Here’s my free tip of the day on how not to handle a crisis: don’t blame it on the employees who got fired for breaking the rules to meet sales quotes set by management. That is the current strategy of the CEO:
9/13 (in print edition on 9/14) – Emily Glazer (have seen her name a lot on this story) and Christina Rexrode at Wall Street Journal – Wells Fargo CEO Defends Bank Culture, Lays Blame With Bad Employees – In an interview with WSJ reporters on Tuesday, the CEO blamed the whole mess on misbehaving employees. He insisted there were not any incentives to improperly open accounts.
In the same interview, he indicated the bank will end its sales quotas for customer-facing staff.
When the leading article from the Wall Street Journal mentioned earlier was placed on the front page of the print edition, the headline of
Wells Fargo Fined for Sales Scam
was in type 0.4 inches tall. Yes, I measured it.
That is the largest font I recall seeing on the front page in a long time. Maybe I don’t pay enough attention to font size, but still, that is the largest headline I recall lately. Isn’t quite the way you want to get your name on the front page of the Journal.
Here’s another article from the WSJ and a discussion from Rumbi Bwerinofa. Also, a study that quantifies the damage caused to senior executives earnings from the stigma gained by having a scandal-tainted company on their resumes.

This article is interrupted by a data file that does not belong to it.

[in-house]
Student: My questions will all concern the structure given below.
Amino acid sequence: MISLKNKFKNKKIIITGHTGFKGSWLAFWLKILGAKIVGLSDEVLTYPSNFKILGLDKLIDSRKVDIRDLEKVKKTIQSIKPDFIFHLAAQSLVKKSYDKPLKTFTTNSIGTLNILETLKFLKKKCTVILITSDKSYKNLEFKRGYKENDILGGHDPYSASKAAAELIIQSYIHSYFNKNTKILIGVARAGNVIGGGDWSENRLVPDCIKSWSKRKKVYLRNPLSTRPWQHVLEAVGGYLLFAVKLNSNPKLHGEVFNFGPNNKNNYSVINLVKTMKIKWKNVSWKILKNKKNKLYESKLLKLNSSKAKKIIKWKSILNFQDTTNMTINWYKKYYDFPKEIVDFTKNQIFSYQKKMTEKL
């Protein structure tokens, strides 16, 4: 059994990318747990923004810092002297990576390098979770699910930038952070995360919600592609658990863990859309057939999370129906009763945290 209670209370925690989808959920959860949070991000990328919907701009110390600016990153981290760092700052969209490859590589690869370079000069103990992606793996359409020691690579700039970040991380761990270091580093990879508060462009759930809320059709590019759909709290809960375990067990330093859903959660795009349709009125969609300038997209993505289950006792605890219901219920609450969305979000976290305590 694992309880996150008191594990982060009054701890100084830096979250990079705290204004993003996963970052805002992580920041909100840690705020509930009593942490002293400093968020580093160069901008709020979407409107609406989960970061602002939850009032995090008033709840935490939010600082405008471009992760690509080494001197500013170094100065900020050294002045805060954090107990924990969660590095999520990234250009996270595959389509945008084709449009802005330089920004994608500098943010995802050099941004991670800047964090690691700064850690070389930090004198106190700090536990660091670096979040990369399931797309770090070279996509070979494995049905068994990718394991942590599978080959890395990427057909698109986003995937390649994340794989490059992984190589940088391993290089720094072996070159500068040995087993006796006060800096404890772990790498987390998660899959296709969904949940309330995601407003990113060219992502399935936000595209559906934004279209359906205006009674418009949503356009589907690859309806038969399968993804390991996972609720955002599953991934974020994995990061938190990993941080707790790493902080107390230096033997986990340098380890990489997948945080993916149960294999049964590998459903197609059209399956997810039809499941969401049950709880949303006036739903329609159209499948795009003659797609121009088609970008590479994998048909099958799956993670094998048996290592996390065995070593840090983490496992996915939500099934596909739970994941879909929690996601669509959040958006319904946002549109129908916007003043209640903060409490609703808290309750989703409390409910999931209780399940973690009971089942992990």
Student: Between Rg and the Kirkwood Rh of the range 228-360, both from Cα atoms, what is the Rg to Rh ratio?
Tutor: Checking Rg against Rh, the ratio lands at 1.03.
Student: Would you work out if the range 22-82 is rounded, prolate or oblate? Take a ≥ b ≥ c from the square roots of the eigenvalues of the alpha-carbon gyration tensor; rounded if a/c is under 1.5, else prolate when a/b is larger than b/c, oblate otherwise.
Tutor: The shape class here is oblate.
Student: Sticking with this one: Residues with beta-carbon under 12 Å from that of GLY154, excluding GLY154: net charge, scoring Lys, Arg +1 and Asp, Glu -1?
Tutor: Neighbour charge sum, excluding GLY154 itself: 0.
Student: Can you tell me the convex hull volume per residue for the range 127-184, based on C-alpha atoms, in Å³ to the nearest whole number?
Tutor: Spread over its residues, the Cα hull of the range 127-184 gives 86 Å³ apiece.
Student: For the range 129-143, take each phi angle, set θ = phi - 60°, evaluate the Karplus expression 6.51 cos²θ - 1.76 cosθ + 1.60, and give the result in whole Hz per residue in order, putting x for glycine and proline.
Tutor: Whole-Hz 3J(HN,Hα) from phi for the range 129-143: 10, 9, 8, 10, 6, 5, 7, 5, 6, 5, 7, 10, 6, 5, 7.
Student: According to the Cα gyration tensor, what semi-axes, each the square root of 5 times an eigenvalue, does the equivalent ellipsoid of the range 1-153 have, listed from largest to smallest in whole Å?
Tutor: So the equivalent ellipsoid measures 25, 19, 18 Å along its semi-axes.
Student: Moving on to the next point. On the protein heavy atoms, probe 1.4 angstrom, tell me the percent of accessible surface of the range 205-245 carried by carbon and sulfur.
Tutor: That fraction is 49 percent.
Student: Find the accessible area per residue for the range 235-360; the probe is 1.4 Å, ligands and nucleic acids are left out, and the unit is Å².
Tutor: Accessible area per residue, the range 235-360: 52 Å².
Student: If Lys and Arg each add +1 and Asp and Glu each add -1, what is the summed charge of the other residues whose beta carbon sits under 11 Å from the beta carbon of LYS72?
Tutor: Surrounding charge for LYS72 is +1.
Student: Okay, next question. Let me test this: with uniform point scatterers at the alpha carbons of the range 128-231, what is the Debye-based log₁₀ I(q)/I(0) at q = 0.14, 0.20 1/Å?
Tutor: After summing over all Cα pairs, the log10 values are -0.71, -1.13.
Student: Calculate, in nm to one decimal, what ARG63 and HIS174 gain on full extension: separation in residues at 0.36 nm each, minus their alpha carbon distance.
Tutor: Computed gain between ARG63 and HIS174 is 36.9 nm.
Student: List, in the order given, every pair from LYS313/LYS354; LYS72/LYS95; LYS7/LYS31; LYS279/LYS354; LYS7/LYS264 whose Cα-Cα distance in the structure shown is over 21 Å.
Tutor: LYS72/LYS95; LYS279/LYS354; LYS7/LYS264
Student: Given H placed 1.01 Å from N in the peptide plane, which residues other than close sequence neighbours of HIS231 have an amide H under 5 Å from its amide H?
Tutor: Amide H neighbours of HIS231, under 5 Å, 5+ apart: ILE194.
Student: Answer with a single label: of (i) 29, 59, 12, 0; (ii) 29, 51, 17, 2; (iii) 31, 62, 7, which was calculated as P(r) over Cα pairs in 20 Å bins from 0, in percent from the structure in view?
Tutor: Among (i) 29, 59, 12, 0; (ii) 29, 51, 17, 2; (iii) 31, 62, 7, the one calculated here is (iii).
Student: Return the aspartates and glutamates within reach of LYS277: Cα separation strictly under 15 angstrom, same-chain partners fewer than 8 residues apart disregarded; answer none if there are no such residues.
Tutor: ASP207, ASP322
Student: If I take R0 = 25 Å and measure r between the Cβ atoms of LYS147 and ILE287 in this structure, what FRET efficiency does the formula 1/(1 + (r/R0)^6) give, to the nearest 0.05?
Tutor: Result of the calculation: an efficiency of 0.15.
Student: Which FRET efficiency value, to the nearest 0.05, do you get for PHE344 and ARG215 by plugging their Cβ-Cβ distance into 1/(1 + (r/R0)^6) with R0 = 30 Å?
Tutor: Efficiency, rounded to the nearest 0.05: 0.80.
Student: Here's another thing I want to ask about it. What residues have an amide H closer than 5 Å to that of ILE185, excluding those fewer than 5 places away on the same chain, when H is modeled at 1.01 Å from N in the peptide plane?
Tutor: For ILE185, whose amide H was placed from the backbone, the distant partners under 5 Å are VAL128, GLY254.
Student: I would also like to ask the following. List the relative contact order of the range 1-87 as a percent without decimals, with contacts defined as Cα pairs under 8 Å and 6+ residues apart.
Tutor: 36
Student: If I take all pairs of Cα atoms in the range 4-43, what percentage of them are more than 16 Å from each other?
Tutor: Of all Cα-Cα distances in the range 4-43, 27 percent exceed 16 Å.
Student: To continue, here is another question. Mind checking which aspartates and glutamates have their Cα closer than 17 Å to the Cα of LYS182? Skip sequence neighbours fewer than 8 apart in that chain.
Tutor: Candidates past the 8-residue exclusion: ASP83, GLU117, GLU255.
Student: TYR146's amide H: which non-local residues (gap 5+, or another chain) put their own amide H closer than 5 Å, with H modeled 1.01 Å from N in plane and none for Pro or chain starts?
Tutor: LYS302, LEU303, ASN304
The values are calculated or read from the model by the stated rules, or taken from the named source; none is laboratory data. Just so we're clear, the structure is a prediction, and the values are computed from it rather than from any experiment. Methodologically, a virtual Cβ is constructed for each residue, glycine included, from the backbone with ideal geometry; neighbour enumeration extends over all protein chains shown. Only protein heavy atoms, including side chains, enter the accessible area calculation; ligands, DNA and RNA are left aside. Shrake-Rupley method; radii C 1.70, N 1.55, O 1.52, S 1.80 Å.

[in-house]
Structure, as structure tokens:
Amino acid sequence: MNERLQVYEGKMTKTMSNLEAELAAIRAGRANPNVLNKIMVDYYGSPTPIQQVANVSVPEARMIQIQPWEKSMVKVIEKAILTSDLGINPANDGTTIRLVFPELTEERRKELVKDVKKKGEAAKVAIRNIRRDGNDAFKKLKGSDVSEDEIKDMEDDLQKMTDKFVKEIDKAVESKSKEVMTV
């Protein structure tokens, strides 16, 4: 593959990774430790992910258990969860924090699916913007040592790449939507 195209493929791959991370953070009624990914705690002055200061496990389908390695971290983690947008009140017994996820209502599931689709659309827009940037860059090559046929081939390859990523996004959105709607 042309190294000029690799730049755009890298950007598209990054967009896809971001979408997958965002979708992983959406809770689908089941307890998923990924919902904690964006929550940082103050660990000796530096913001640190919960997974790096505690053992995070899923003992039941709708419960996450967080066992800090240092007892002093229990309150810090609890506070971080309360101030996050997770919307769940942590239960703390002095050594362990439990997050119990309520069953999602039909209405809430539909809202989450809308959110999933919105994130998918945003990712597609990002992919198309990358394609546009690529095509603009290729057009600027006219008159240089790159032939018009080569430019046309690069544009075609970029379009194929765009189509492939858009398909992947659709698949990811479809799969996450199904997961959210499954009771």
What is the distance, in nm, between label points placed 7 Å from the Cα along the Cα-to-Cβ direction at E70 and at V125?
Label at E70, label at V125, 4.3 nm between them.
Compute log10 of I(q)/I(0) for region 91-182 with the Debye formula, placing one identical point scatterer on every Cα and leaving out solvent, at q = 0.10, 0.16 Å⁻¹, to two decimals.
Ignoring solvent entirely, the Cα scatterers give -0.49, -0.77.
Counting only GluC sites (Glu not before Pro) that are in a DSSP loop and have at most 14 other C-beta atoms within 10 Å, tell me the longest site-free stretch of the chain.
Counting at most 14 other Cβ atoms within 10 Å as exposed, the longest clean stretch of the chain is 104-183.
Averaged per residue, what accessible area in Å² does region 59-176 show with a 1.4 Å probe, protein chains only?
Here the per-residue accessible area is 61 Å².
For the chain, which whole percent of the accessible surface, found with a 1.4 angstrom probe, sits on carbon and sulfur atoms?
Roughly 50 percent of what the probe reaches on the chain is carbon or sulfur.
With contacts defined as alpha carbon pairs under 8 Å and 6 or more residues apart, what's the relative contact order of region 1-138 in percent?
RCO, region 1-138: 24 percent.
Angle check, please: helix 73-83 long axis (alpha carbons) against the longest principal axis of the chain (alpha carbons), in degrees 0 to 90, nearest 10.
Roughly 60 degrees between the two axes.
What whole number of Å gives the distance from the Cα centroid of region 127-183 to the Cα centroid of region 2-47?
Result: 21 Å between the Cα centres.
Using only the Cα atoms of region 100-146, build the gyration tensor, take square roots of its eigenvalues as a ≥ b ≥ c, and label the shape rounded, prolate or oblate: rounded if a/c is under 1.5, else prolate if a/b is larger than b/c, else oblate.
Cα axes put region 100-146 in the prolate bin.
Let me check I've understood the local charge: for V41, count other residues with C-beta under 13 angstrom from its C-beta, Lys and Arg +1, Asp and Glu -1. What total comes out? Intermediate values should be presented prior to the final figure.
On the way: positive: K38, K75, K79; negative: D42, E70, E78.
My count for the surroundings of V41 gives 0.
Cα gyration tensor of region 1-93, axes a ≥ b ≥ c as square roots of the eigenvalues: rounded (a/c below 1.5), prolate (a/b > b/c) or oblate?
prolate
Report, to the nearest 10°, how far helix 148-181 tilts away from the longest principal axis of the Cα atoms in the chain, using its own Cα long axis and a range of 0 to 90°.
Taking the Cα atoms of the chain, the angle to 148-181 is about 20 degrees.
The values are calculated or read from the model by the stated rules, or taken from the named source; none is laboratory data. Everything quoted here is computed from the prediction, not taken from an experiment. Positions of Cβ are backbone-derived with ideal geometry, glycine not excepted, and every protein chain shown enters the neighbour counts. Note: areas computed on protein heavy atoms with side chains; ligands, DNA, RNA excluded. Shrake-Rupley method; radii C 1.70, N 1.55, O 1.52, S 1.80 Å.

9/9 – Emily Glazer at Wall Street Journal – Next Test for Wells Fargo: Its Reputation – The fiasco of opening accounts in customers’ names without their permission is a story that could cause reputational damage. Article says analysts are concerned and bank execs are worried how much this will damage earnings.
Difference with this mess from other banking fiascos is that this one is easy to explain and easy to understand.
Let’s take a look at the Roman Denarius. I’ve taken an interest in ancient currency and monetary issues lately, particularly as it give some insight into biblical times.
From about 200 BC until about 64 AD the Roman Denarius was about 3.9 grams, at 95% or 98% purity.
There is a comment that Tiberius slowly increased the fineness to 97.5% to 98%. Tiberius accumulated a hoard of 675 million denarii.
Nero, who reigned from 37 AD through 68 AD debased the gold aureus from 8.18 grams of gold to 7.27 grams.
Article says 25 silver denarii are equal to 1 gold aureus.
How much was a denarius worth?
Deep sigh. Another banking fiasco hit the papers yesterday. The Wall Street Journal reported Wells Fargo to Pay $185 Million Fine Over Account Openings.
The bank will pay a mere $185M to settle claims brought by OCC, CFPB (Consumer Finance Protection Bureau, the new creation of the Dodd-Frank legislation), and LA city attorney.
This scheme involved customer-facing employees opening fake bank accounts in the name of existing customers without the customer’s permission. Another variation is opening a fake account in the name of a nonexistent customer. Article says sometimes money would be transferred from a customer’s account into the new, fake account with occasional NSF fees because there wasn’t enough money in the legitimate account to cover legitimate checks.